Meet Your Merchant: Panoy Bistro offers spicy, fresh Lao cuisine
January 9, 2014
Know & Go
WHAT: Panoy Bistro
WHERE: 442 Colfax Ave., Grass Valley
OPEN: Lunch, Monday through Friday, 11:30 a.m. to 3 p.m. Dinner, Monday through Saturday, 5 p.m. to 9 p.m.
MENU, ONLINE ORDERING & MORE INFORMATION: http://www.panoybistro.com
Let’s get something straight. The Panoy Restaurant at 442 Colfax Ave. in Grass Valley is not a Thai restaurant.
It’s a Lao restaurant.
“There is a difference,” asserted chef Touty [TOO-tee] Sanith, who co-owns the tastefully decorated ethnic eatery with her daughter, Panoy.
There used to be a Panoy Thai restaurant, but it closed. Touty Sanith and her daughter bought the business from Sanith’s father. Three years ago, they opened for business with a Lao – not Thai – menu under the name Panoy Bistro, Sanith said.
Yes, the restaurants were both named after daughter Panoy, which means “little fish” in the Lao language.
A two-woman enterprise
Panoy Bistro is open six days a week.
Monday through Friday, the restaurant is open for lunch from 11:30 a.m. to 3 p.m. and for dinner from 5 p.m. to 9 p.m. On Saturdays, it is only open for dinner.
Remarkably, the restaurant has no employees. The two women do it all themselves.
“Panoy’s the front, I’m the back,” Sanith said.
In restaurant industry parlance, the “front of the house” is the dining area, and “the back of the house” is the kitchen. Thus, Panoy greets and serves customers while her mother pursues culinary excellence in the back.
Born in Laos (which borders Thailand), Sanith came to the United States more than 30 years ago. Nevertheless, she still retains a charming accent and her lifelong love of Lao cuisine.
“I love to cook. I put love into my dishes,” Sanith said. “I enjoy it when I see customers enjoy food.”
She also said she’s returned to Laos several times to take cooking classes. “There’s always something new to learn.”
Fresh and spicy
The signature dish of Panoy Bistro is the Mekong Blossom, named after the Mekong River that runs through the heart of Laos. This dish is a grilled fillet of tilapia topped with Loa oregano and tamarind curry. Tilapia is a farm-raised fish from Laos.
At $18, it is the most expensive item on the menu. Most servings range from $8 to $15.
Many of the items on the extensive menu have colorful names, such as Crying Tiger Noodles, Dragon Curry, Ping and P.S. I Love You.
Although she does prepare mild dishes, Sanith stressed that what distinguishes her cooking is that it is “very fresh and spicy.”
“We cook everything fresh, and we use lots of herbs,” said Sanith.
She brings many of the ingredients from her own organic garden.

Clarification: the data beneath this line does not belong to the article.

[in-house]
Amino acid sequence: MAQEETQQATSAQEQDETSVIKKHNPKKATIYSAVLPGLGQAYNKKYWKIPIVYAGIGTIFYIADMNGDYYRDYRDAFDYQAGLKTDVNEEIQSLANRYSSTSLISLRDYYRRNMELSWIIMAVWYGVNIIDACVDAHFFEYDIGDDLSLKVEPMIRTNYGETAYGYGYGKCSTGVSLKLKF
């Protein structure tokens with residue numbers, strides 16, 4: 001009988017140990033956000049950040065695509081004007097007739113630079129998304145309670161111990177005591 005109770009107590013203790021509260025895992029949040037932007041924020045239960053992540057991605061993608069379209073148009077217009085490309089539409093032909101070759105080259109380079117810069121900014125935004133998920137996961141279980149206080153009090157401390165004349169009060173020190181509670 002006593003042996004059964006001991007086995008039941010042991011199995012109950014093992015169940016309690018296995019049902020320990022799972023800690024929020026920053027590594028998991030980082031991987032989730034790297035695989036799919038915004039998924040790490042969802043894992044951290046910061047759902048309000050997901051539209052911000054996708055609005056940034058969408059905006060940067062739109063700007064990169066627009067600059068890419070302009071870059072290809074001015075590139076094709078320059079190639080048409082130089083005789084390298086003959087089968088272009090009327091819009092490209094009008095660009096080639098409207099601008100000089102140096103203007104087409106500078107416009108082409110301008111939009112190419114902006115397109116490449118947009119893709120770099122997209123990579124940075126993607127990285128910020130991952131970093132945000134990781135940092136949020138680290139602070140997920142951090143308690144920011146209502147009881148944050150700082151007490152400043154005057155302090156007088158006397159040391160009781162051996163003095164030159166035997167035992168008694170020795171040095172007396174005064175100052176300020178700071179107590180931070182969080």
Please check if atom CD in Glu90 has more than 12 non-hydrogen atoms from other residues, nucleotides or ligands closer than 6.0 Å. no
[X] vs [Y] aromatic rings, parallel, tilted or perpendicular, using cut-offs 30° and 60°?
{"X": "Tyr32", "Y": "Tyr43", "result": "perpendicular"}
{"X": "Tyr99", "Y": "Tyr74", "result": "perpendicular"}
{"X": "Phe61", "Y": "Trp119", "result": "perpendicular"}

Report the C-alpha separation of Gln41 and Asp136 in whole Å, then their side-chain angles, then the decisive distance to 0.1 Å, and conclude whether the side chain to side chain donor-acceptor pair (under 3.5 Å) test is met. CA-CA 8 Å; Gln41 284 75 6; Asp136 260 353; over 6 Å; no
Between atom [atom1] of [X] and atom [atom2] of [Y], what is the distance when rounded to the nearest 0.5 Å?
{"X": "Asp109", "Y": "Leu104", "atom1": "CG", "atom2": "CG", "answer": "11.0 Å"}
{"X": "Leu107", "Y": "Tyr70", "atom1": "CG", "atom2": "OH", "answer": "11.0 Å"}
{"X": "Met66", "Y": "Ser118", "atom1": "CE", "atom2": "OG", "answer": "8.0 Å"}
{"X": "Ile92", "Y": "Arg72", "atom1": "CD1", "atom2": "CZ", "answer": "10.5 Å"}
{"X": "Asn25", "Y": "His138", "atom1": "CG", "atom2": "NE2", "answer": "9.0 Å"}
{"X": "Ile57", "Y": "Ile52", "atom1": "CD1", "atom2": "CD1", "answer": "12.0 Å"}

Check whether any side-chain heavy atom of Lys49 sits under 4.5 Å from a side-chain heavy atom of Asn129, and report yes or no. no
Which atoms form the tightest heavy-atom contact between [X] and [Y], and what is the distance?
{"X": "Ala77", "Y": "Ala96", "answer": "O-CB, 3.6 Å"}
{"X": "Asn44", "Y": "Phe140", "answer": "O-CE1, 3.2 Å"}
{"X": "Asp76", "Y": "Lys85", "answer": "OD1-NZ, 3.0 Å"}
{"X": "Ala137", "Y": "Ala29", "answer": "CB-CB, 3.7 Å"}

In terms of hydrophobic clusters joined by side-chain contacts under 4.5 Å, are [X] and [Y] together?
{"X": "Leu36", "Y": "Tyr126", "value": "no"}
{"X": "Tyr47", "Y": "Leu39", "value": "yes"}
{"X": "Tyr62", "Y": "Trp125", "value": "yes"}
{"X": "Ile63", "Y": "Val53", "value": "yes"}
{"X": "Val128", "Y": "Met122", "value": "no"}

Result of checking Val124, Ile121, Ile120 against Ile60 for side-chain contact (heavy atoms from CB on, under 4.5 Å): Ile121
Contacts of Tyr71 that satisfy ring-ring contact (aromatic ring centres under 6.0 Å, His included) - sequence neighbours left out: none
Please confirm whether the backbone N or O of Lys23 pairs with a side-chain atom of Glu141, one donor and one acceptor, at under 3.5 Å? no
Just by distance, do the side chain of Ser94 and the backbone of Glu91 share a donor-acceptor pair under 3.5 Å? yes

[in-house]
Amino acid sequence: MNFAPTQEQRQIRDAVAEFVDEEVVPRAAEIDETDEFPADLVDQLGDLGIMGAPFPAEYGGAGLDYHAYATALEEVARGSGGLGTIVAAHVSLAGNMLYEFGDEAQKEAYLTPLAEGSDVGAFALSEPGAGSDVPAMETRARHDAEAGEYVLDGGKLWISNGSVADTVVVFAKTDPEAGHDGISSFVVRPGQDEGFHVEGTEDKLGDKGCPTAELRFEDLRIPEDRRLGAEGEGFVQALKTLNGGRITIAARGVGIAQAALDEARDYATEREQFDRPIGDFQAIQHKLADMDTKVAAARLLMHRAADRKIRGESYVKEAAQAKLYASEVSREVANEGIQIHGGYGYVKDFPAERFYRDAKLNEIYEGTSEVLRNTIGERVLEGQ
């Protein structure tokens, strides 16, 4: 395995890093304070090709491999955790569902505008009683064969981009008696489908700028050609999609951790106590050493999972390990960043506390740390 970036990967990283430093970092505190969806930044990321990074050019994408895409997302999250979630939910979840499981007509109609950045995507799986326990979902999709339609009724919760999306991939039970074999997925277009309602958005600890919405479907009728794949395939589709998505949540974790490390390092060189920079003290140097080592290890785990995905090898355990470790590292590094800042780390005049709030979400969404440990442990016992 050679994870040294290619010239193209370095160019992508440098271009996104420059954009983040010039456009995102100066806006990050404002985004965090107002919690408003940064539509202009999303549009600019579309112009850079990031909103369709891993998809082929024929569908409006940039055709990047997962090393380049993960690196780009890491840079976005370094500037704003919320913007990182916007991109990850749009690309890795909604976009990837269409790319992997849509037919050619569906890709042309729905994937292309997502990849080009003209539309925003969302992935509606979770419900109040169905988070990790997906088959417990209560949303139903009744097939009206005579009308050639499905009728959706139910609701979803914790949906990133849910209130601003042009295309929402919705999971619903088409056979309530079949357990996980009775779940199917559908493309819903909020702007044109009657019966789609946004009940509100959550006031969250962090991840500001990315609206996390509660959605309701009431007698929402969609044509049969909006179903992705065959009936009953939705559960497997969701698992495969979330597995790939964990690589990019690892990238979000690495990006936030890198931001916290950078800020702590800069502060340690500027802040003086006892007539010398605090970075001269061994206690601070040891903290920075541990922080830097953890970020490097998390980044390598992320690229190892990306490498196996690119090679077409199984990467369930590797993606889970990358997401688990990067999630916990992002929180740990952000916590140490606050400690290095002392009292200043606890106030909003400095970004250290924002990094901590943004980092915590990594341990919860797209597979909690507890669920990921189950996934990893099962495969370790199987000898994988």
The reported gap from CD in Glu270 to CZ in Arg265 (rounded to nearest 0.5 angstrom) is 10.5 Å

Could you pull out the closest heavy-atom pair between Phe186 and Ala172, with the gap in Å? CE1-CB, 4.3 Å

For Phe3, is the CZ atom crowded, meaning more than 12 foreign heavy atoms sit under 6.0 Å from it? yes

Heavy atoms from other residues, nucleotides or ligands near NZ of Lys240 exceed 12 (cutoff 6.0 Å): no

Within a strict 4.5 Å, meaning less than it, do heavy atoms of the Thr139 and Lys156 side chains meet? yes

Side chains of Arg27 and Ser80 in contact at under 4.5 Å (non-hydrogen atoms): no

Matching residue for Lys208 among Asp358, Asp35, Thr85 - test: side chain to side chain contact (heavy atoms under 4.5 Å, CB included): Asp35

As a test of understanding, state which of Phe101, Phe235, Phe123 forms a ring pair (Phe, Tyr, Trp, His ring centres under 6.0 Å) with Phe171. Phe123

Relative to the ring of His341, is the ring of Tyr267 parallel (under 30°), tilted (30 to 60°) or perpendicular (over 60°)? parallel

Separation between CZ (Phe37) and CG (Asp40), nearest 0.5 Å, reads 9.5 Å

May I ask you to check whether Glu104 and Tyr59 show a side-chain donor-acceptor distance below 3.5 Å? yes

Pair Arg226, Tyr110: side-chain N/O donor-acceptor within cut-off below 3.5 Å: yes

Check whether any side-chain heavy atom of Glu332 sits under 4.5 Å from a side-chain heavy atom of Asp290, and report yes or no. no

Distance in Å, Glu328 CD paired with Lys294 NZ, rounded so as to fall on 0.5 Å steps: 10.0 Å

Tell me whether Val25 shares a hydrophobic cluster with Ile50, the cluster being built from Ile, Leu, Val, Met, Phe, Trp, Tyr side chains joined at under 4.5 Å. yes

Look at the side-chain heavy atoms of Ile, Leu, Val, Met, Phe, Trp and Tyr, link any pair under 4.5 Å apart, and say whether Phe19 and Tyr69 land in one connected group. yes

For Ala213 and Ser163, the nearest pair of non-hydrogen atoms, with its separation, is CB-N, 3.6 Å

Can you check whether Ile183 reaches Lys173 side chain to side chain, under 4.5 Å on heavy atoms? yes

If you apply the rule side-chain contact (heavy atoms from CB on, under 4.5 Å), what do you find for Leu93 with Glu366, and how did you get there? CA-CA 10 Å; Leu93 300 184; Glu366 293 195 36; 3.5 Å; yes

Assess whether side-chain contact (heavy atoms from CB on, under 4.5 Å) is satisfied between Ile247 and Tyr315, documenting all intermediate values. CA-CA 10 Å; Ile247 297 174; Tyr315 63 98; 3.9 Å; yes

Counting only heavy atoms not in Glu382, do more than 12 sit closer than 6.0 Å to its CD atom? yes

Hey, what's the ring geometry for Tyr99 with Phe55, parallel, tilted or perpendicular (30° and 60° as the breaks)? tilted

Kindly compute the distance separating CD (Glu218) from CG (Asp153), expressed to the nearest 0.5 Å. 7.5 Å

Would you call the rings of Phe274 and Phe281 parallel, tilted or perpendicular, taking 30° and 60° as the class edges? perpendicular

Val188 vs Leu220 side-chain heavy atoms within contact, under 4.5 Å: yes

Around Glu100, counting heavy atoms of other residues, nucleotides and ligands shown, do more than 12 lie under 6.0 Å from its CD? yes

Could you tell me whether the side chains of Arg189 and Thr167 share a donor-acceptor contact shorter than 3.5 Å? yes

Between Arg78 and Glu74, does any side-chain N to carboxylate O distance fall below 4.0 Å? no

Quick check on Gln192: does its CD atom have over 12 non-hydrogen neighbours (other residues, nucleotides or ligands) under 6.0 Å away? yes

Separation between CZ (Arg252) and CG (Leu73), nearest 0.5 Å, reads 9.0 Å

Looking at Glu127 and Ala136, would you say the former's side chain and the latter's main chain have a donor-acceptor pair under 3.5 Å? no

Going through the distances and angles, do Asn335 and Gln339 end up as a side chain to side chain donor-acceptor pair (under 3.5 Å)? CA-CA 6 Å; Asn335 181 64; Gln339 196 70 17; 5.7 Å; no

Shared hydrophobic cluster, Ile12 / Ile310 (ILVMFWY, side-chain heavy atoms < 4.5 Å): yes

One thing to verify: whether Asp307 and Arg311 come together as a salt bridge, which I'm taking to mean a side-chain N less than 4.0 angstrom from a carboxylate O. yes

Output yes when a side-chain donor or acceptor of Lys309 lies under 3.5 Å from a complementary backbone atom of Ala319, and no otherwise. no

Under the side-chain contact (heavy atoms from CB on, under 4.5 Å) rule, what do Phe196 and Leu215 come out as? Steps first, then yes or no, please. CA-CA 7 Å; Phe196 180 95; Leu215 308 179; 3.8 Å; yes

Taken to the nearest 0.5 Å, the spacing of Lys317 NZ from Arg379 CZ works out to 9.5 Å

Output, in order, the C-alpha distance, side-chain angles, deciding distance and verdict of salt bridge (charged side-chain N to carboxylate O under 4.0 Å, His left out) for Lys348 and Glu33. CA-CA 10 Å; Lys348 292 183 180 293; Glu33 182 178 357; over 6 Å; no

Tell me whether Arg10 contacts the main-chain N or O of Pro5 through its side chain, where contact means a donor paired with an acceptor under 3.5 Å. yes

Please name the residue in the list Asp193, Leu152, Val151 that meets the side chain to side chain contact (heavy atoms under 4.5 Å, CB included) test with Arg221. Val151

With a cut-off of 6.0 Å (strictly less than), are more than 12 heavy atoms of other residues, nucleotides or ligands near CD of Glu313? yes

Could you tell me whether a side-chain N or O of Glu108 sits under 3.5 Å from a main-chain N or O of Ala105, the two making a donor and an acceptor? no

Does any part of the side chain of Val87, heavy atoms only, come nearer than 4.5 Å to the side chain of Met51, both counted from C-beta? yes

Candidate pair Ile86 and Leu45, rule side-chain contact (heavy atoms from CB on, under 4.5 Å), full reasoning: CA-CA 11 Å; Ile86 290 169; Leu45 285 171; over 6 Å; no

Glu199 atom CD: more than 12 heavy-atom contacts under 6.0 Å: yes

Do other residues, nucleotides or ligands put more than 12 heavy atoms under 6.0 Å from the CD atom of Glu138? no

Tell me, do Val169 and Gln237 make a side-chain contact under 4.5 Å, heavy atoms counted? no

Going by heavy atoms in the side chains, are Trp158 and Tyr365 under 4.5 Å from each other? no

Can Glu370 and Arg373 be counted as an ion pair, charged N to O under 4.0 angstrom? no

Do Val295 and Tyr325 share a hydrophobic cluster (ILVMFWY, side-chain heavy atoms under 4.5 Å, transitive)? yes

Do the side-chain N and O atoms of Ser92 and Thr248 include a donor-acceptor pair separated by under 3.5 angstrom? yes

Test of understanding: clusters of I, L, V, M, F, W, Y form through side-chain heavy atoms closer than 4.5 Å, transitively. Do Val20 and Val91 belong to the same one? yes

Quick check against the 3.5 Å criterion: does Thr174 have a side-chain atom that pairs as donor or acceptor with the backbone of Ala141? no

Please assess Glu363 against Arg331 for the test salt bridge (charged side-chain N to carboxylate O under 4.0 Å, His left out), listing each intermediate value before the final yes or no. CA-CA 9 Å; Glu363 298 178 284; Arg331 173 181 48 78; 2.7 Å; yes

The aging sign out front and the modest building set far back from the road belie the quiet elegance of the restaurant once you enter the bistro side.
Panoy Bistro shares the building and a common entrance with the 174 Café, a beer and wine bar. The style of the two businesses is radically different. The 174 Café features colorful handprints on the wall; the bistro is decorated in shades of green with Lao art and flowers.
Although Sanith plans to one day have a full space of her own, the bistro and the café now have a mutually beneficial relationship. Panoy Bistro doesn’t have an alcohol license, but guests can order drinks from the bar to have with their lunch or dinner. Likewise, bar patrons can order food from the restaurant.
Tradition, technology and hospitality
While the cuisine is strictly traditional, the bistro features modern technology. It has a website, http://www.panoybistro.com, that allows you view the entire menu and to order online for takeout or in advance of your arrival for dining in.
The website also offers a glimpse into the culture and cuisine of Laos and explains the proper distinction between Lao and Laos. For instance, “Lao is to German as Laos is to Germany.”
In other words, you wouldn’t go into a Germany restaurant any more than you go into a Laos restaurant. As for “Laotian,” it’s not even in their vocabulary.
Panoy deferred to her mother during conversations about business.
“I let my mom do the talking. It’s always the tradition to let the mom talk,” she said respectfully.
Nevertheless, Panoy is happy to talk about customer relations.
“I like to treat the customers as friends,” she said. She knows many regulars by name.
“Sometimes, we sing,” she laughed, citing songs like “Pina Colada” and “Benny and the Jets.”
“I am proud to be Lao,” Sanith said.
“I’m proud of my cuisine, proud of my country — and proud of my daughters.”
In addition to Panoy, Sanith’s younger daughter Natasha is studying medicine at UC San Francisco.
Tom Durkin is a freelance writer and photographer in Nevada City. He can be contacted at firstname.lastname@example.org